Carbon Monoxide poisoning should be a problem of the past but today people are still dying from accidental acute CO poisoning and many more are injured from sub-lethal poinsonings.
NHS Greater Glasgow and Clyde (NHSGGC) is doing all it can to highlight the needless deaths and unnecessary injury as part of this week’s awareness week.
Director of public health Dr Linda de Caestecker wants people to be aware of the dangers of carbon monoxide poisoning and its causes which are the result of inadequate installation or maintenance of carbon monoxide products or insufficient ventilation.
She said: “There are approximately two accidental deaths from acute CO poisoning in Scotland every year and around 135 people who have been diagnosed with ‘toxic effect of carbon monoxide’.
“This is of great concern to us and working with partner agencies including the Health Protection Agency and the Health and Safety Executive we think it is important that people can recognise the symptoms of CO poisoning and seek help sooner rather than later.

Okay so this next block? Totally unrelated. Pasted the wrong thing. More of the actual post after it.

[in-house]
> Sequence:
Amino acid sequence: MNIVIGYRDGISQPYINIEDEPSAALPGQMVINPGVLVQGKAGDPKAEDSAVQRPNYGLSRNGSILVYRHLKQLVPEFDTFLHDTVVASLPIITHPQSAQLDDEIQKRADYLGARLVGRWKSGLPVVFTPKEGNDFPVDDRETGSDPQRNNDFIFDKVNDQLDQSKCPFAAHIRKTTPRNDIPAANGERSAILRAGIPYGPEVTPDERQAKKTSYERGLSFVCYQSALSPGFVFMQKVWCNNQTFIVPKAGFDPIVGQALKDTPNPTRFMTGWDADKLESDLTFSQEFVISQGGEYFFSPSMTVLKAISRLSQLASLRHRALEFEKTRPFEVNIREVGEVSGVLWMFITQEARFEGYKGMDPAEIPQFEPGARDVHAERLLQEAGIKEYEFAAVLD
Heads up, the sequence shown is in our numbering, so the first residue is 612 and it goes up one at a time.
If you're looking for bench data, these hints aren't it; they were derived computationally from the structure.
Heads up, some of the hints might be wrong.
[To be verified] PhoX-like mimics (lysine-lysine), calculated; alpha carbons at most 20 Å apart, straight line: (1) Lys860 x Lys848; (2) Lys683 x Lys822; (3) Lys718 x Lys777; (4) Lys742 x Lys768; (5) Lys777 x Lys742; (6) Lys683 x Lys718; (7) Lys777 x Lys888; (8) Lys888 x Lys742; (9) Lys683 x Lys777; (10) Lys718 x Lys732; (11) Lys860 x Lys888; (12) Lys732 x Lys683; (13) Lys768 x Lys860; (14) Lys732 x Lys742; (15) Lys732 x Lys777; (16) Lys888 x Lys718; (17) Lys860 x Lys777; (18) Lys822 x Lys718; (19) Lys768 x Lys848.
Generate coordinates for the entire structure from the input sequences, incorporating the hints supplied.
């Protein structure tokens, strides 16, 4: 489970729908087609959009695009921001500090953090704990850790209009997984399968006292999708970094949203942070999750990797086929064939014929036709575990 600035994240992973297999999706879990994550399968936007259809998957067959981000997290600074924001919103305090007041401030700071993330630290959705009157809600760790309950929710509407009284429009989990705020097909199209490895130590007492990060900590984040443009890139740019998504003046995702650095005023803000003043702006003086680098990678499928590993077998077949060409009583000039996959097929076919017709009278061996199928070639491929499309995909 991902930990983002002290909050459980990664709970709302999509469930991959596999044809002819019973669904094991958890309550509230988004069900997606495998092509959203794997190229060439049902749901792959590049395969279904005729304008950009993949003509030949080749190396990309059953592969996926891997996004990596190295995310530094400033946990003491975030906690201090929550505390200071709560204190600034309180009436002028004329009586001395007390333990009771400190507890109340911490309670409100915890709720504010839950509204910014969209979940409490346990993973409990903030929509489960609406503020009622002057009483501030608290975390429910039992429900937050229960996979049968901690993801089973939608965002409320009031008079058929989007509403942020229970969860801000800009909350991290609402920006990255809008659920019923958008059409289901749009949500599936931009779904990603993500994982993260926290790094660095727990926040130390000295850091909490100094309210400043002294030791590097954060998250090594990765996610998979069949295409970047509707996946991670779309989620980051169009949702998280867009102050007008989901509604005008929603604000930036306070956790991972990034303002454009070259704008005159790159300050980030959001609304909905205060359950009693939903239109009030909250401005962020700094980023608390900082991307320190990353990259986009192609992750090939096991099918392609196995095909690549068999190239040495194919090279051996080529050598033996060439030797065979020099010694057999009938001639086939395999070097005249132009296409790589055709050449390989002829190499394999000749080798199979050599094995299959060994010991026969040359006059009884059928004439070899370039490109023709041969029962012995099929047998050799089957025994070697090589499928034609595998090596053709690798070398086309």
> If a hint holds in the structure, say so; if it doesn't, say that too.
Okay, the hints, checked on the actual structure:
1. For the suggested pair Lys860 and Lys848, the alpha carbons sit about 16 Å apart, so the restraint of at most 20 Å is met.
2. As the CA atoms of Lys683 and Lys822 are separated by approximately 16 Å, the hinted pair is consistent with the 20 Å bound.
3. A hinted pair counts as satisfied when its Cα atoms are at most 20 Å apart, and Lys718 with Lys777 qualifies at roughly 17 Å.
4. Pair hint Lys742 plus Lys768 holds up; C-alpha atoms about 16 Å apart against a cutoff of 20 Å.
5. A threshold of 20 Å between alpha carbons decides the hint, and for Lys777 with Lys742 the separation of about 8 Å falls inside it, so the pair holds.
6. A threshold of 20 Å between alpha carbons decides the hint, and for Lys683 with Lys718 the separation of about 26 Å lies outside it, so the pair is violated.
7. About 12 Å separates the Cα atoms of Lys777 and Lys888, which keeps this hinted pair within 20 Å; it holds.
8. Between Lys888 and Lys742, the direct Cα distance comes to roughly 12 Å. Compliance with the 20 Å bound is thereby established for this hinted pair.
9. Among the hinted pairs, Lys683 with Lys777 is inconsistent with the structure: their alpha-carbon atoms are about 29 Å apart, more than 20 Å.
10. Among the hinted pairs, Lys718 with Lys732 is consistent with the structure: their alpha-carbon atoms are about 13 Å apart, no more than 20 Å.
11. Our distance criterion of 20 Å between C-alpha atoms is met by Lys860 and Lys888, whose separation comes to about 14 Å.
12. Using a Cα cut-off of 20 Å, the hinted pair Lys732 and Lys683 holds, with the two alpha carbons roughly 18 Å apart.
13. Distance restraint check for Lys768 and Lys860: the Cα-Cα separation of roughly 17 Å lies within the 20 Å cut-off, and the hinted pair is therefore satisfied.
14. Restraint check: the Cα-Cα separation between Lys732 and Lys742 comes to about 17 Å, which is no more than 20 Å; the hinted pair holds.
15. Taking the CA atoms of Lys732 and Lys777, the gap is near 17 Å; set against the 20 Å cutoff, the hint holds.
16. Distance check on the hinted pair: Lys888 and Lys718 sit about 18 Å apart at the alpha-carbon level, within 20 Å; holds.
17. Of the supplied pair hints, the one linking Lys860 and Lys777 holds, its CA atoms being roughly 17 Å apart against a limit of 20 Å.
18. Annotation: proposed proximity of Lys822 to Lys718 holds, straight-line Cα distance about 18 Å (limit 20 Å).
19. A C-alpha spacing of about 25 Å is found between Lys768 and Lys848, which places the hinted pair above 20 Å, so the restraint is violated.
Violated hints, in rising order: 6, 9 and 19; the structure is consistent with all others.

“CO poisoning can be lethal but deaths and accidental poisonings can be be prevented through greater public awareness.”
Notes to Editors
Signs and Symptoms
Headache 90% of cases
Nausea and vomiting 50% of cases
Vertigo 50% of cases
Alteration in consciousness 30% of cases
Subjective weakness 20% of cases
While chronic exposure to lower CO concentrations may lead to the symptoms and signs of influenza or food poisoning, exposure to high concentrations of CO leads to collapse and death within minutes.
Clues to the diagnosis
The following are suggestive of domestic CO poisoning:
• More than one person in the house affected;
• Symptoms disappear when away from the house, e.g. on holiday, or at work but recur on returning home;
• Symptoms related to cooking: stove in use; and
• Symptoms worse in winter: heating in use.
The following signs may be recognised in the home:
• Black sooty staining on or around an appliance (e.g. a stoves, boilers or fires), such as on the walls;
• Smoke or excessive condensation accumulating in rooms due to faulty flues: though you cannot smell CO, you can often smell other combustion products;
• Yellow or orange, instead of blue, flames from gas appliances or boiler pilot lights.
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